- Compliance with safety and security requirements identified by Tufts Global Operations.
If necessary, the Supporting Units will work with faculty to revise proposals. Global Operations may require additional information and modification to the international field component logistics.
- January 6: All faculty proposals are due.
- Mid-January: Finalists are notified.
- Mid-March: Student finalists interview with faculty.
- End of March: Selected Research Assistants will be notified.
- Late May – Early June: Position begins. Timelines will be determined by individual faculty.
Past Research Projects
- Bird Stories, Then and Now
3 weeks in St. Andrews, Scotland, and 11 weeks in Medford
Marie-Claire Beaulieu, Associate Professor, Classics, School of Arts & Sciences
Jennifer Burton, Professor of the Practice, Drama and Dance, School of Arts and Sciences
- Do education programs influence children’s investment in conservation?
Zarin Machanda, Assistant Professor, Department of Anthropology, Arts and Sciences
1 week in Medford, 7 weeks at the Kibale National Park, Uganda
- Global Comparative Architecture and Urbanism: Exploring the ‘Unconscious’ Human Visual Experience of Da Nang (Vietnam) and Boston (USA)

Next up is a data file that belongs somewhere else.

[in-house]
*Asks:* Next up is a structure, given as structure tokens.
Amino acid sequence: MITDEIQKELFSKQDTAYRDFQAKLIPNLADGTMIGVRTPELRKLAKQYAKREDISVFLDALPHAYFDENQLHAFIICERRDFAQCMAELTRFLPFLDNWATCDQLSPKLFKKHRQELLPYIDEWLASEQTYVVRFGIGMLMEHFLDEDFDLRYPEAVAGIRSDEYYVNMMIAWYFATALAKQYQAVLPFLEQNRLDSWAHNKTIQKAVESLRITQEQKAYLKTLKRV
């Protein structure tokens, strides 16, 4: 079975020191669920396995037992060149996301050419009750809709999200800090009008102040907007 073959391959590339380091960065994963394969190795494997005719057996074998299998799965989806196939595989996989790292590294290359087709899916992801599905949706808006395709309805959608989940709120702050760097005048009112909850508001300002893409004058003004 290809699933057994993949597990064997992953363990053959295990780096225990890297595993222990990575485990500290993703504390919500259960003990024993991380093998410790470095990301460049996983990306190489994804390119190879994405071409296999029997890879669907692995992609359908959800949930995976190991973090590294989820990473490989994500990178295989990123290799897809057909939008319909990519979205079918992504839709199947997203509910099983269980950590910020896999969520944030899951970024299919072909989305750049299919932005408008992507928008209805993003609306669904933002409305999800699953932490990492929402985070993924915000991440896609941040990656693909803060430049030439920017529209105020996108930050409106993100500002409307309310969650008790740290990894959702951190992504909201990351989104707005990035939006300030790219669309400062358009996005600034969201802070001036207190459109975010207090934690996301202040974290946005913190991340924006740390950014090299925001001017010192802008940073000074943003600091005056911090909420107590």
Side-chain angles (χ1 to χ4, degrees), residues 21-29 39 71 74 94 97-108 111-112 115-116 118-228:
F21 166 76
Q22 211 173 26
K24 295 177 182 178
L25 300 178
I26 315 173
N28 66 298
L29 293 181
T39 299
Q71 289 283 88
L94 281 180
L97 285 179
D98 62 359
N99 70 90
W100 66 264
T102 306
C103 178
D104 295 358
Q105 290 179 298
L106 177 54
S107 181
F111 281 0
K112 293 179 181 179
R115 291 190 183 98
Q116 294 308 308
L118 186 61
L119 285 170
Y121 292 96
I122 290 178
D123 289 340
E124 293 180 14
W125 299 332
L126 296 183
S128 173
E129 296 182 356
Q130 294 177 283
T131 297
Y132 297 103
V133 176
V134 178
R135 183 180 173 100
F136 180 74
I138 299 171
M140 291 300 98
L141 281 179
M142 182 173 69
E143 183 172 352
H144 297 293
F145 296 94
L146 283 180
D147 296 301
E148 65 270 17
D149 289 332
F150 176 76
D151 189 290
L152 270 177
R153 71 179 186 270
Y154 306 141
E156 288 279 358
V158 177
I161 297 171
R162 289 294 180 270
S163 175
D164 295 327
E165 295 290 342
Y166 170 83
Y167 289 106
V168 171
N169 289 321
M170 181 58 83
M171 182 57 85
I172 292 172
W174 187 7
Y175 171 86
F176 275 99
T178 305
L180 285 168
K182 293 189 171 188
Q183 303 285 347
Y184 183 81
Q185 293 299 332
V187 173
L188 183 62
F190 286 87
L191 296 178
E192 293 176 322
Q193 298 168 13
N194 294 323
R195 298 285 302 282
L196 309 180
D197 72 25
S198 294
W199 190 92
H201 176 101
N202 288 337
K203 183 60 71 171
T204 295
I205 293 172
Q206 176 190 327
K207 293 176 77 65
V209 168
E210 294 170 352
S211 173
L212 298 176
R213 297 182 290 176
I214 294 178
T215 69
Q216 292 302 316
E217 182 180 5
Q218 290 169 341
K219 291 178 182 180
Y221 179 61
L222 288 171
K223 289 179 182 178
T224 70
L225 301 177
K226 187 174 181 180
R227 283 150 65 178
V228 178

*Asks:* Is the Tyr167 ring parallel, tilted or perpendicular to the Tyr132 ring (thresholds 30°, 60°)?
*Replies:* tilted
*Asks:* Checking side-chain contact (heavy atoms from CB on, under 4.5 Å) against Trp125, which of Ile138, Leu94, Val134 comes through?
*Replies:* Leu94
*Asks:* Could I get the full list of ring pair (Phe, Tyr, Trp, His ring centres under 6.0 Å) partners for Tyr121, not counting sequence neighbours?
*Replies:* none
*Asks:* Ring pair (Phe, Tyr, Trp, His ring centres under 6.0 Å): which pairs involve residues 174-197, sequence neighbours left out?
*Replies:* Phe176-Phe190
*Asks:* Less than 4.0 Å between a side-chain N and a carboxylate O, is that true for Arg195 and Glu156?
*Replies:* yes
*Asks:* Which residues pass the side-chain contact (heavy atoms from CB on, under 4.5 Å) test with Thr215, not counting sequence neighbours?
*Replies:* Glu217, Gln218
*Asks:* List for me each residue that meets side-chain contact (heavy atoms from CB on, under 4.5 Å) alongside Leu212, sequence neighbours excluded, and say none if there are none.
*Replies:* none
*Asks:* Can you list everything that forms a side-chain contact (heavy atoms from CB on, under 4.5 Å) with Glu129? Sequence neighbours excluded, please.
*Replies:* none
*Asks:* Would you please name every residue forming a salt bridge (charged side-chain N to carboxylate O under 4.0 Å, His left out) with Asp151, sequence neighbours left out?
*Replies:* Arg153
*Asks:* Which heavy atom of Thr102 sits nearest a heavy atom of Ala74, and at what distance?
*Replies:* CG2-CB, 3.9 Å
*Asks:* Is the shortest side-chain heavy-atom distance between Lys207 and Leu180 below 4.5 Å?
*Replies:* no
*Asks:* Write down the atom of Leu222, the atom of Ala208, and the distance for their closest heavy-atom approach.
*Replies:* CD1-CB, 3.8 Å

Justin Hollander, Associate Professor, Urban and Environmental Policy and Planning, School of Arts & Sciences
4 weeks in Medford, 3 weeks in Da Nang, Vietnam, and 5 weeks in Medford
- Managing for Coffee Farm Resilience: A Socio-ecological Approach
Colin Orians, Professor, Department of Biology, Arts and Sciences
5 weeks in Santa Maria de Dota, Costa Rica, and 5 weeks in Medford
- Novel Governance of Security Concerns in Bioengineering
Samuel Evans, Research Professor, Science, Technology & Society, School of Arts & Sciences
8 weeks in Cambridge, England
- Owner presentation versus veterinarian diagnosis of cases presented to a hospital for working equids in Morocco
Melissa Mazan, Professor, Cummings School of Veterinary Sciences
2 weeks in Grafton, 3 - 4 weeks in Fez, Morocco, and 3 weeks in Grafton
- Zoonotic and environmental transmission pathways of antibiotic resistant bacteria in Kenyan households
Amy Pickering, Assistant Professor, Department of Civil and Environmental Engineering, School of Engineering
8 weeks in Nairobi, Kenya